• Employee-paid benefits are optional benefits provided through the employer such as individual and/or family health insurance, dental insurance, and life insurance.
  • Budget – a monthly or yearly spending and savings plan for an individual, family, business, or organization
  • Basics of creating a budget
    • Determine amount of money available for spending
    • Factors to consider in budgeting spending
      • Housing (mortgage, rent, insurance, taxes, maintenance)
      • Transportation (auto payment, insurance, maintenance, fuel)
      • Clothing and personal needs (clothes, personal hygiene and appearance, health needs)
      • Food (groceries and restaurants)
      • Savings
      • Other (charitable giving, gifts, leisure and entertainment, including travel, etc.)

Note(s):  

  • Grade Level(s)
    • Grade 7 identified the components of a personal budget, including income; planned savings for college, retirement, and emergencies; taxes; and fixed and variable expenses, and calculate what percentage each category comprises of the total budget. 
    • Grade 8 compared and contrasted proportional y = kx and non-proportional y = mx + b linear relationships.
    • Algebra I introduced the concept of a function in terms of the linear relationship.
    • Various mathematical process standards will be applied to this student expectation as appropriate.
  • TxCCRS
    • I. Numeric Reasoning
      • B1 – Perform computations with real and complex numbers.
    • VIII. Problem Solving and Reasoning
    • IX. Communication and Representation
    • X. Connections
M.2B Solve problems involving personal taxes.

Solve

PROBLEMS INVOLVING PERSONAL TAXES

Including, but not limited to:

  • Property taxes – annual tax (county, city, school, etc.) based on an appraised value (land, improvements to land, buildings, etc.) paid by a land owner to local government
    • Appraised value – stated value of a property as set by a qualified appraiser or person who works for the local tax assessing office
  • Personal property taxes – annual state imposed tax on different types of personal properties (e.g., vehicle, farming equipment, boat, etc.) paid by a property owner to local government in which the property is located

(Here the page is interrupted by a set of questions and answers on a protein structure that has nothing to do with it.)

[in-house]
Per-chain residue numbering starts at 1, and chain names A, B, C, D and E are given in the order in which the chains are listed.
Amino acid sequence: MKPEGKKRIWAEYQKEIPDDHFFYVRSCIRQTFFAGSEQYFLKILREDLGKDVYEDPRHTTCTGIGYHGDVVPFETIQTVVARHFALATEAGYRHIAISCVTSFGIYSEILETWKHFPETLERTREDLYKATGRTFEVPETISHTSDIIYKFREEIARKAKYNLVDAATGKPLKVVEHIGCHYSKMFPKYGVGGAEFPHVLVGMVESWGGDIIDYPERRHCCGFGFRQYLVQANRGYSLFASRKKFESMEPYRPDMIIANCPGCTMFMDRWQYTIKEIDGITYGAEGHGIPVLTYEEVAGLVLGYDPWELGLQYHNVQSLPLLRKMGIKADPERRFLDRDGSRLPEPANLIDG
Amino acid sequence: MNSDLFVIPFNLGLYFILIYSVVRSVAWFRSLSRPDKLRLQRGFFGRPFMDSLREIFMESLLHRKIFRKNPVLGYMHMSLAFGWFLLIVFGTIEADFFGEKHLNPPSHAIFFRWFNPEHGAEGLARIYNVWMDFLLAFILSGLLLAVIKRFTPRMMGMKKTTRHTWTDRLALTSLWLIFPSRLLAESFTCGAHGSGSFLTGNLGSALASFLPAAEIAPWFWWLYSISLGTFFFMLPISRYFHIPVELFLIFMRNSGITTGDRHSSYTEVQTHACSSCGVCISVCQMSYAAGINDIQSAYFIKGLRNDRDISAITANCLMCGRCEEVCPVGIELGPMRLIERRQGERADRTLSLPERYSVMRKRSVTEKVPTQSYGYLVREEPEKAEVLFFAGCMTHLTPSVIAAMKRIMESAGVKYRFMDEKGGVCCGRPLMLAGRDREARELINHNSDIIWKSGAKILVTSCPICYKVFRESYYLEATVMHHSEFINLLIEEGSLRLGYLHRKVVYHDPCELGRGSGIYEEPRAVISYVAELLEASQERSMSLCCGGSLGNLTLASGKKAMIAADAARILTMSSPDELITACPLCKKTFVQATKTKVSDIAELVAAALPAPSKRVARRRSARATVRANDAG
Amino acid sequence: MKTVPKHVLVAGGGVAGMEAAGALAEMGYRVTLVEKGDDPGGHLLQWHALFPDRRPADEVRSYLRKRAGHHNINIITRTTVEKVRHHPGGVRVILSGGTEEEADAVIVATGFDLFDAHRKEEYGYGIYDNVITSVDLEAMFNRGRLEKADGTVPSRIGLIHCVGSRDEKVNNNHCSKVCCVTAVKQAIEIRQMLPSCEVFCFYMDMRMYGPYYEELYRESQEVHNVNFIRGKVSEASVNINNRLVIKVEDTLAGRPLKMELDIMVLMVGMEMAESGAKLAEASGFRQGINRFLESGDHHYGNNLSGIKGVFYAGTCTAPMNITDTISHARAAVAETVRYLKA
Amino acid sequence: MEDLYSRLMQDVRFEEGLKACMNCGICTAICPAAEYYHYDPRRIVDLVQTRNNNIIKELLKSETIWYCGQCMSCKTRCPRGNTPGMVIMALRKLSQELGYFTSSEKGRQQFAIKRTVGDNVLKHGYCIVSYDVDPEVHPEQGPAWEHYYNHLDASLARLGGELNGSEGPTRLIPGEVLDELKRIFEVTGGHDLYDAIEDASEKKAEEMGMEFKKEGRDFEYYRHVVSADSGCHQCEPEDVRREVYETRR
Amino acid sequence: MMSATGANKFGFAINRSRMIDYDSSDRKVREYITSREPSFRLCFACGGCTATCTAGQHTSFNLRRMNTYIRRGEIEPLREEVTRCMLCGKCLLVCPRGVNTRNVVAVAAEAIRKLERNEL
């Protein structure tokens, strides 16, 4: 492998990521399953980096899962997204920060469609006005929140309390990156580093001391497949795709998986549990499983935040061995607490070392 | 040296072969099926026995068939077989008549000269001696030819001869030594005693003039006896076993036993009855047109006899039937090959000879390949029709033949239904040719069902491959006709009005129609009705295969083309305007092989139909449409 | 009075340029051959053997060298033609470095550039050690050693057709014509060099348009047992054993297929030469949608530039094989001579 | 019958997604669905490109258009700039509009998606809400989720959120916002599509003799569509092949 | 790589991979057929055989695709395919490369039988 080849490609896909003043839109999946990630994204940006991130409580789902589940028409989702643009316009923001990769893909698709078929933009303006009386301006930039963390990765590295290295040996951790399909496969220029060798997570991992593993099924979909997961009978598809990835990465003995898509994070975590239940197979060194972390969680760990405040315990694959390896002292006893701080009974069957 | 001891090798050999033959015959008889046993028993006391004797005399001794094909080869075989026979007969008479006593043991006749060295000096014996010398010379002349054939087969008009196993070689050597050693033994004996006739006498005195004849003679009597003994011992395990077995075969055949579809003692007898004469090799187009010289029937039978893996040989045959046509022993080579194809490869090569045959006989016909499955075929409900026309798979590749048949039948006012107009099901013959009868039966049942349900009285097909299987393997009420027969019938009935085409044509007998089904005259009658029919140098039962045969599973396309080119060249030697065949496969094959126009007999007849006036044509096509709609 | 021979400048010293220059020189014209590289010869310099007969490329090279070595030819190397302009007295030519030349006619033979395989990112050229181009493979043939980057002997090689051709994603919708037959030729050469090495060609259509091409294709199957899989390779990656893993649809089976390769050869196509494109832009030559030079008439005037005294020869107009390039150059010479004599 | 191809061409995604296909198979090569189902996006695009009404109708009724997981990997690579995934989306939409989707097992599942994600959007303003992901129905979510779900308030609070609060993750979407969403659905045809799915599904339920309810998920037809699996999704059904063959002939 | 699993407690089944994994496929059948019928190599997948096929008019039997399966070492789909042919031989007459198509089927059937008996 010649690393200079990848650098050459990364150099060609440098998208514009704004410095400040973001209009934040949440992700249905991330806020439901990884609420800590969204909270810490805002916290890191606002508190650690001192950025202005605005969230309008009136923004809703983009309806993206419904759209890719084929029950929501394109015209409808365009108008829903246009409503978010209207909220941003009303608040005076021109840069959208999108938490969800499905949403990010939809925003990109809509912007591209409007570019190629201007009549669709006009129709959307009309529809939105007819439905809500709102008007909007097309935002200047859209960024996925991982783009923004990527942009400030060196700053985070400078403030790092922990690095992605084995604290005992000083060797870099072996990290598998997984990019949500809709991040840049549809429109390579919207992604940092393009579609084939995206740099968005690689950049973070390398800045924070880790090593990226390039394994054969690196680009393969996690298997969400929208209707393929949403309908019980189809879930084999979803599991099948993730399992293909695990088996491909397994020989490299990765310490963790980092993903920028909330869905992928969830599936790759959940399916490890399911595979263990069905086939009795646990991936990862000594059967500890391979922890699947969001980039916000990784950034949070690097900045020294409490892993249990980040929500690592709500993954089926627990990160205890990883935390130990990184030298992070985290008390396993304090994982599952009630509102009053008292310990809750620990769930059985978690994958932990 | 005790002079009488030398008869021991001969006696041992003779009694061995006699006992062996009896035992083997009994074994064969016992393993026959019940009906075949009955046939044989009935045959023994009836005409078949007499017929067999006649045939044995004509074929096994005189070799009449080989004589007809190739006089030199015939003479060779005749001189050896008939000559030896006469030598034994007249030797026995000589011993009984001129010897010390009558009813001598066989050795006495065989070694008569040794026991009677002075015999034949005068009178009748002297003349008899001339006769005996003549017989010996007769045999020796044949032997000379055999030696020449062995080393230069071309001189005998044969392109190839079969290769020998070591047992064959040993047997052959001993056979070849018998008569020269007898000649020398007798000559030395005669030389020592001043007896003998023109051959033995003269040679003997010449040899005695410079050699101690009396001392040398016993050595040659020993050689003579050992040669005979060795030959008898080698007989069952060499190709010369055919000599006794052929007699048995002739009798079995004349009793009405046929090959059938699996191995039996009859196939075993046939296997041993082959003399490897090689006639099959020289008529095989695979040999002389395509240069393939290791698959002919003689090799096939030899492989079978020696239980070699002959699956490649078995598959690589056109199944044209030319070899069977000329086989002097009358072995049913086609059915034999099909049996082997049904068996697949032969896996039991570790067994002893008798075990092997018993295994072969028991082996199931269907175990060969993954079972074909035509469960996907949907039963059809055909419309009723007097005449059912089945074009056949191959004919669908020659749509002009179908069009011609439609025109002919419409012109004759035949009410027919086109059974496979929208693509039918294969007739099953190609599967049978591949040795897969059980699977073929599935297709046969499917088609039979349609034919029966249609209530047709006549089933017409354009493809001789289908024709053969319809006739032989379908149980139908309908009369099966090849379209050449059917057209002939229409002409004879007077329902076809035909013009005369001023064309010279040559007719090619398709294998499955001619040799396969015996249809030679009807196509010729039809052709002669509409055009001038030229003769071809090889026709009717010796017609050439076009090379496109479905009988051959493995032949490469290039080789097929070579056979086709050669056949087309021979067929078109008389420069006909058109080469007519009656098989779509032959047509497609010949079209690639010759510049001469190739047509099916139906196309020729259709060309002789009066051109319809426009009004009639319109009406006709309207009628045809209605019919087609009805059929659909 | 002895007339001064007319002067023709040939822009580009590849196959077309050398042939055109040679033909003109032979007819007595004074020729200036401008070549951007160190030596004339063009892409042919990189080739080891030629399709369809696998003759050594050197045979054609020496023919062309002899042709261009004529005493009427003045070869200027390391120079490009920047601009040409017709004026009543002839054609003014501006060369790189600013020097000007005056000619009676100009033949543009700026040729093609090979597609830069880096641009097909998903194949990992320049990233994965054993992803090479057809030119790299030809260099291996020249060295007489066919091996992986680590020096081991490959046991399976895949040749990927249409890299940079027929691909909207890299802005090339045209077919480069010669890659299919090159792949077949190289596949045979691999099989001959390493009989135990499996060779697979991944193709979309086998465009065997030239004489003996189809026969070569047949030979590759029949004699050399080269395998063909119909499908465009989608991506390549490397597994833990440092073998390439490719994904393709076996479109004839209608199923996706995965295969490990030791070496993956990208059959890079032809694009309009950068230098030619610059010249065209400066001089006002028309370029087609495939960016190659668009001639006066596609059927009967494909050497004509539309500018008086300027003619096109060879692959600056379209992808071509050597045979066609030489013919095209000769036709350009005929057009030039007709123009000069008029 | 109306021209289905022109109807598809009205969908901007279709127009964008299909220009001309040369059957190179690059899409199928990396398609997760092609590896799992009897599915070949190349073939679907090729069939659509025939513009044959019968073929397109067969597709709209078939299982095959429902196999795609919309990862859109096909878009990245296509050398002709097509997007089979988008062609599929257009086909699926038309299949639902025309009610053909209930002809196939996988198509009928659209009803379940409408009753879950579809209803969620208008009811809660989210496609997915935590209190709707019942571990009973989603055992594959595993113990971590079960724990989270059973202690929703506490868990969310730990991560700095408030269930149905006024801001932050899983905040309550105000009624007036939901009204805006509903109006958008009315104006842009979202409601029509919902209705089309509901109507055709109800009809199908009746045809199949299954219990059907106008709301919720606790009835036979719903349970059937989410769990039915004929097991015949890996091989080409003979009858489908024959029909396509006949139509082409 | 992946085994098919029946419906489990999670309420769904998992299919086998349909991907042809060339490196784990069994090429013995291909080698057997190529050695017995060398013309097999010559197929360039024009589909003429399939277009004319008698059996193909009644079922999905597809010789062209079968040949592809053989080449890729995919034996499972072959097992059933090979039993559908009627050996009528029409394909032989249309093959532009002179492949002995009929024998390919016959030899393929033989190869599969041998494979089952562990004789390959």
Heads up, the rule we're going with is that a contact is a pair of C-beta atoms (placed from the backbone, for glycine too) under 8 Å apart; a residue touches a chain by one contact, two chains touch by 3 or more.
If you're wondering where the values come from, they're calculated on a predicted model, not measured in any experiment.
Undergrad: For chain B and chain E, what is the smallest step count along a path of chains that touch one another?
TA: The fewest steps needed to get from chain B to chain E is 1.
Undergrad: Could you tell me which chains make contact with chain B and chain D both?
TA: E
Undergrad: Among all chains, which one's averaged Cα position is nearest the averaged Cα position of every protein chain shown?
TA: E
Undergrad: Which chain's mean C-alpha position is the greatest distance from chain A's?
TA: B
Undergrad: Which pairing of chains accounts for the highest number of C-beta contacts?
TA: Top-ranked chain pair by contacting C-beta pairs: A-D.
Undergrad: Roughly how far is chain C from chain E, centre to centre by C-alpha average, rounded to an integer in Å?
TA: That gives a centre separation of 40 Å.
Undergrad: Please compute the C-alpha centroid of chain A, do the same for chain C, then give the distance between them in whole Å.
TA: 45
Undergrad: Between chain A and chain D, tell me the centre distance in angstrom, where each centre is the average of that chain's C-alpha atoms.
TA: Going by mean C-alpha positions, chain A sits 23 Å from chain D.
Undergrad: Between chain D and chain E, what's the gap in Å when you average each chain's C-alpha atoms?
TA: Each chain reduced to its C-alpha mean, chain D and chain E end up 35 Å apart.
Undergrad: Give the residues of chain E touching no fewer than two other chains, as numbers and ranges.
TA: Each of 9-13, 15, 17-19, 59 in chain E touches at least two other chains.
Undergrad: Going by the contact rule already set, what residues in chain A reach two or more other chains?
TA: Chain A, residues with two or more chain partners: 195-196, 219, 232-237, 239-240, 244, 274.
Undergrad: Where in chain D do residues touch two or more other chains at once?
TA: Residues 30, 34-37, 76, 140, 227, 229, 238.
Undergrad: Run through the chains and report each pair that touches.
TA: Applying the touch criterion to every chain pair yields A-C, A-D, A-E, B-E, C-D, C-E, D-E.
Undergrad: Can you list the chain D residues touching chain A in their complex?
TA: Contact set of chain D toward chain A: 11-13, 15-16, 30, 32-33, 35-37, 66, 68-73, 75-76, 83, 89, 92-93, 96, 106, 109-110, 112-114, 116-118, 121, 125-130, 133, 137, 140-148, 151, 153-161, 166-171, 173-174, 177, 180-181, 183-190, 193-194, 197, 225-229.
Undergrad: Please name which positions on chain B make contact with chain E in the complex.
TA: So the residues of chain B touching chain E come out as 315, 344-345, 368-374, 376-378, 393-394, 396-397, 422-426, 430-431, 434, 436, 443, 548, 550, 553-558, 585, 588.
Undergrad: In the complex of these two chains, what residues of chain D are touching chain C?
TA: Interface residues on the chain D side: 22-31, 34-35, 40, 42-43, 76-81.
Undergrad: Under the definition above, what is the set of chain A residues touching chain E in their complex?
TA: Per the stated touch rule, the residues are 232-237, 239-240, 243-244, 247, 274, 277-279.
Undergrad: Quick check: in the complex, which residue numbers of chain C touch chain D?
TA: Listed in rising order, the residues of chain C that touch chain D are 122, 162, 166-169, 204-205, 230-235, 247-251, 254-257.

• Personal income tax – a tax based on an individual's income for federal and/or state governments as required by law. The amount of the tax is usually determined by varying rates on different levels of taxable income which are published annually in tax tables by the federal Internal Revenue Service.
    • Deductions – the amount(s) subtracted from gross income for expense(s) allowed by the government that reduces the taxpayers’ taxable income
      • Standard deduction – a flat rate amount based on income and number of exemptions the government allows in place of itemizing expenses for deduction
      • Itemized deductions – amounts deducted from gross income based on specified allowable expenses

Note(s):  

  • Grade Level(s)
    • Mathematical Models with Applications examines personal taxes and how taxes are calculated.
    • Various mathematical process standards will be applied to this student expectation as appropriate
  • TxCCRS
    • I. Numeric Reasoning
      • B1 – Perform computations with real and complex numbers.
    • VIII. Problem Solving and Reasoning
    • IX. Communication and Representation
    • X. Connections
M.2C Analyze data to make decisions about banking, including options for online banking, checking accounts, overdraft protection, processing fees, and debit card/ATM fees.

Analyze

DATA TO MAKE DECISIONS ABOUT BANKING, INCLUDING OPTIONS FOR ONLINE BANKING, CHECKING ACCOUNTS, OVERDRAFT PROTECTION, PROCESSING FEES, AND DEBIT CARD/ATM FEES

Including, but not limited to:

  • Decisions about banking options
    • Online banking – a banking system that allows an individual to perform banking services using the internet (e.g., monitor accounts, pay their bills, etc.)
    • Checking account – a bank account that allows customers access to their money through withdrawals and deposits  (e.g., writing a check (or using a debit card) to a payee or to obtain cash from the account, making a deposit to the account, etc.)
    • Automatic Teller Machine (ATM) – a computer terminal that provides 24/7 access for basic banking services (e.g., cash withdrawals and deposits to various checking and saving accounts) from remote locations
    • Overdraft protection – a line of credit a banking institution offers to their customers to cover overdrafts, withdrawals from an account that is greater than the balance within the account
    • Processing fees – fees charged by the bank to the customers for processing account activities (e.g., deposits, checks, transfers, loan payments, bill payments, etc.).
    • Debit card – a bankcard issued by a financial institution that is electronically linked to an individual’s checking account for the purpose of making banking transactions, making payments for services, and/or making purchases
    • Debit card/ATM fees – fees charged by a bank for a customer's use of an ATM owned by another bank or credit union 

Note(s):  

  • Grade Level(s)
    • Grade 6 compared features and costs of a checking account and a debit card offered by different local financial institutions.
    • Grade 6 distinguished between debit cards and credit cards.
    • Grade 6 balanced a check register that includes deposits, withdrawals, and transfers.
    • Mathematical Models with Applications examines the analysis of bank services and accounts. 
    • Various mathematical process standards will be applied to this student expectation as appropriate.
  • TxCCRS
    • I. Numeric Reasoning
      • B1 – Perform computations with real and complex numbers.